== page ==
Holy wars -they're back
From the Crusades to the killing fields of the Balkans, tempering
One of the surest ways to launch a war in antiquity was to desecrate the temple of a rival's god - or to run off with his wife. Missing wives no longer launch a thousand ships, but religious identity is reemerging as a powerful theme in international conflict.
Crusaders swept into Jerusalem at the beginning of this millennium (1099) to wrest control of the Holy Land from "unbelievers." By mid-millennium, Ottoman Turks had toppled the seat of the Orthodox Christian Church in Constantinople (1453) and had taken the borders of Islam up to the walls of Vienna (1529). Later, a brutal Thirty Years' War (1618-48) pitted Lutheranism and Calvinism against Roman Catholic absolutism and replaced the Holy Roman Empire with a new map of sovereign nation states.
But by the 19th century, so-called modern warfare had become the business of nation states - cool, calculated, and anchored in some notion of national interest.
That's why the reemergence of religion as a factor in conflicts at the end of this millennium took many Western observers, especially Americans, by surprise. From Christian Falangists in Lebanon with images of the Virgin Mary on the stocks of their AK-47 rifles to Chechen fighters shouting "Allahu Akbar!" ("God is great!") as they headed into battle, religion is becoming a factor that military strategists can no longer dismiss.
"One of the lessons learned by the Russians in their Chechen campaign was that their lack of understanding of the power of religion in people's minds really aggravated the situation there. That's a fair statement for many conflicts today: To underestimate the effect that religion may have on a people's will to fight or reason to fight is a mistake," says Col. Peter Christy, a faculty instructor at the US Army War College in Carlisle, Pa., who is developing a new course for senior military leaders on world religion in a strategic environment.
It's no longer enough for military leaders to learn the dos and don'ts of respecting religious sites when on a mission. Regional strategic appraisals of the religious dimension of a conflict are as critical as analysis of firepower, he says.
"What many of our future senior leaders need to understand is that the significance that religion plays in many parts of the world in the lives of people is substantially different than in America. It goes beyond just a sentiment; it goes deeply into the roots of the very political fiber of the people, and the two often cannot be separated in many cases," he adds.
Moreover, the idea that different religions can coexist without undermining the stability of the state is also not widely accepted. "This idea that we Americans take for granted that you can have a multireligious, multiethnic state where this doesn't affect the ability of the state to have political unity is not only rare, it's unique. It's not even completely established in theory in Europe," says Martin Cook, professor of ethics at the US Army War College.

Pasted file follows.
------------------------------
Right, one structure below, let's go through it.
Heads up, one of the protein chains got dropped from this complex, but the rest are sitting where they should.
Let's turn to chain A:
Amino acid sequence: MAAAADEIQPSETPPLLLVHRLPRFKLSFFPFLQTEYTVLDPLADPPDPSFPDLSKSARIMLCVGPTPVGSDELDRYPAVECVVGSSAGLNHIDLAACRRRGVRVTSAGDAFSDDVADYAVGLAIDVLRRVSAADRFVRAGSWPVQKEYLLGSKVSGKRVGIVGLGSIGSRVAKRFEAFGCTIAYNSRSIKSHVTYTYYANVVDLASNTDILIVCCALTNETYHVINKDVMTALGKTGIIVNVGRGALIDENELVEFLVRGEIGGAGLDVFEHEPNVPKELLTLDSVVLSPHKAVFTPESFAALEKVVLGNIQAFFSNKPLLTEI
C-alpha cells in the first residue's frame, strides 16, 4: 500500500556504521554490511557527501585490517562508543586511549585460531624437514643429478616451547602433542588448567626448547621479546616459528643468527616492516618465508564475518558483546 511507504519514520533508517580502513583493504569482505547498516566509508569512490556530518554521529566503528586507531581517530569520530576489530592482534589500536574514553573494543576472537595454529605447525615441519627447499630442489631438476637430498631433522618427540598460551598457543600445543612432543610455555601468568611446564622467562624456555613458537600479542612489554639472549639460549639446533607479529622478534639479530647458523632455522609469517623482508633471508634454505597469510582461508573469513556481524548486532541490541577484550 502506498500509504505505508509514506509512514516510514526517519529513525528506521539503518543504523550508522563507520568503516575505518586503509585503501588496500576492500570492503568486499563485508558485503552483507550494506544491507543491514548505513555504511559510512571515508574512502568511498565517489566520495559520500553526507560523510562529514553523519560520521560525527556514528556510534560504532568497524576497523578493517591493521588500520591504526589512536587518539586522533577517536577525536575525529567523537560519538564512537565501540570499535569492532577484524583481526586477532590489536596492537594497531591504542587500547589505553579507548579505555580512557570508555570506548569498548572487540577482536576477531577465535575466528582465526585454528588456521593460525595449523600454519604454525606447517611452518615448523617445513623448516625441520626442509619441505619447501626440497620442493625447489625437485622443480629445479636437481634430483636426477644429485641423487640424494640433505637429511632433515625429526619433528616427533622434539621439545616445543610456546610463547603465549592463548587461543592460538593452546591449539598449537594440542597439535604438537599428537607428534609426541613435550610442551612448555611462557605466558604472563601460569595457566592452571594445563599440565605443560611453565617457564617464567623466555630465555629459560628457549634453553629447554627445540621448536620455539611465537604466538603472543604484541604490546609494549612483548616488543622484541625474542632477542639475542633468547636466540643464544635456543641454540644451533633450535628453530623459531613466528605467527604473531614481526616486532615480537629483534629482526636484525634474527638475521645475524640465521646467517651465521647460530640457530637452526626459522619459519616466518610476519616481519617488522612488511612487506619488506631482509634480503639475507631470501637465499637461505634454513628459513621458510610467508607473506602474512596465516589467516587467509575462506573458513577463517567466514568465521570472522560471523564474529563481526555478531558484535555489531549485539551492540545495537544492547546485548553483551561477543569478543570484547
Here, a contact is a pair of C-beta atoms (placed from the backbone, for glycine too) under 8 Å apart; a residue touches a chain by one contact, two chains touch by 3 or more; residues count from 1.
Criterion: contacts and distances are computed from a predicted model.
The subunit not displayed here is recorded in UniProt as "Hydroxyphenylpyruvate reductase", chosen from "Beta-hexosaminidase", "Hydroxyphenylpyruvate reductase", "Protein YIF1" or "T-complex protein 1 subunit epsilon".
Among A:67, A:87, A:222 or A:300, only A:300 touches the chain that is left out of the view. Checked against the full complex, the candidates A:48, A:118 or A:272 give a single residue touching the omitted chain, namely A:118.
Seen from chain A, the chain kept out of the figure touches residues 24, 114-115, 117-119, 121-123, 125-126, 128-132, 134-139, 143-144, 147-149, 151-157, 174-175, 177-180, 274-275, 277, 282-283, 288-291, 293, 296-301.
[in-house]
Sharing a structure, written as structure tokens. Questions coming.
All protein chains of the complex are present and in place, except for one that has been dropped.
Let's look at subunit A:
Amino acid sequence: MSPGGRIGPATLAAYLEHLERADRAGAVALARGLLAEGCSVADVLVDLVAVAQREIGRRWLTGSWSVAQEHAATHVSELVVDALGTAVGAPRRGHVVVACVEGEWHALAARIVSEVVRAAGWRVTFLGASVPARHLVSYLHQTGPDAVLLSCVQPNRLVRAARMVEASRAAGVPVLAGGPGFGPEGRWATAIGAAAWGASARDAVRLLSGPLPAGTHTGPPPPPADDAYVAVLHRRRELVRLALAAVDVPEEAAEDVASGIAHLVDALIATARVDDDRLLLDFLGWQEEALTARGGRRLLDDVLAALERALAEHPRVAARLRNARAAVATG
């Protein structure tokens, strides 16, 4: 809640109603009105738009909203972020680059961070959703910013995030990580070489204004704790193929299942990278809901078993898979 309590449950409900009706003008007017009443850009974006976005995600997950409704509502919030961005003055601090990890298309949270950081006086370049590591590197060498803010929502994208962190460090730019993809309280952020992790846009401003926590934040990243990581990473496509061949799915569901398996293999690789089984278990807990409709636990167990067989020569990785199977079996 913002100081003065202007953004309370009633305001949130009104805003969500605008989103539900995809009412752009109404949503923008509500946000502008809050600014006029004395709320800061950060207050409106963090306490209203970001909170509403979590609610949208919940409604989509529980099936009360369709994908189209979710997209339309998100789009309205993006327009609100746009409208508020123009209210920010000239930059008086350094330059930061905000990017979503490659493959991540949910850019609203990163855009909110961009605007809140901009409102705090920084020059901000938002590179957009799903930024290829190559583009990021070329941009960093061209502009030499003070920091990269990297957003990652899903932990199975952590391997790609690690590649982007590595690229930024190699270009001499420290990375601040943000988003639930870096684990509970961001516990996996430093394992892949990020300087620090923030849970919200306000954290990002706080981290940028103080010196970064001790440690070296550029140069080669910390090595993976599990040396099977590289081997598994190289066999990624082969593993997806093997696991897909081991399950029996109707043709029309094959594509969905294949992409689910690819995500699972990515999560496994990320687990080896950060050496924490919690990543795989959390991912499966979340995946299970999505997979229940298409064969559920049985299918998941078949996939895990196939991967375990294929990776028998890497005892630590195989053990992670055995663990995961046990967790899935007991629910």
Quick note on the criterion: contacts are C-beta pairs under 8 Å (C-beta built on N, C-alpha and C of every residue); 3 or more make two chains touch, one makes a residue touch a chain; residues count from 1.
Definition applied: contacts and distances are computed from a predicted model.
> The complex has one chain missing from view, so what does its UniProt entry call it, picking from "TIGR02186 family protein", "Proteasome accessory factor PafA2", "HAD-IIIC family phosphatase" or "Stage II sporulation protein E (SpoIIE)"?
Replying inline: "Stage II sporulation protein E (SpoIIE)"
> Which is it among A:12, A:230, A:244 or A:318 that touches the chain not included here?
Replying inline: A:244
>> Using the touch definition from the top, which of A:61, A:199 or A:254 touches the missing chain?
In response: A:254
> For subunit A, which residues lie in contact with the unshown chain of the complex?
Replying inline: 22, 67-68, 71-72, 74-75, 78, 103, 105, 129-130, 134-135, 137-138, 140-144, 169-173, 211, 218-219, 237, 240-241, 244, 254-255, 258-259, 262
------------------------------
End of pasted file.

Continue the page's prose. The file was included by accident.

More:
Conflicts in Bosnia, Chechnya, Dagestan, Indonesia, Sudan, Somalia, Kashmir, Afghanistan, and the Middle East have a clear religious dimension. Harvard political science professor Samuel Huntington calls such conflicts "fault-line wars," and argues that such conflicts will define warfare in the decades to come.
"The local conflicts most likely to escalate into broader wars are those between groups and states from different civilizations," he writes in "The Clash of Civilizations and the Remaking of World Order" (Simon & Schuster, 1996).
At the same time, religion can also be a force for peace. Religious leaders played a key role in protecting civilians from conflict in Somalia and South Africa, according to a recent survey by the International Committee of the Red Cross.
"Religion can also mitigate conflict: I think of South Africa with Archbishop Desmond Tutu, [how he] helped to mitigate what could have been a bloodbath. I think religion in South Africa probably helped stave off what could have been a very bad situation," says Colonel Christy.
One of the deepest challenges in a situation like Bosnia is a tendency on all sides to focus on evils of the past.
"It's as if every bad thing that has happened in history is lumped together, as if it happened yesterday. There is no room for progress or hope - just for anger, hate and fear," says Capt. Arnold Resnicoff, a rabbi and command chaplain of US forces in Europe.
Here, religion can make its greatest contribution as a force for good, he adds: "So much of religion is to teach us to go against human nature. The golden rule says you treat others as you want to be treated.
"We have a choice to repeat the cycles of violence in the world in the same way a child can repeat cycles of abuse in a family, or we can break the cycle," says Chaplain Resnicoff. "Really, it takes the courage of faith to break cycles and change the future."
(c) Copyright 1999. The Christian Science Publishing Society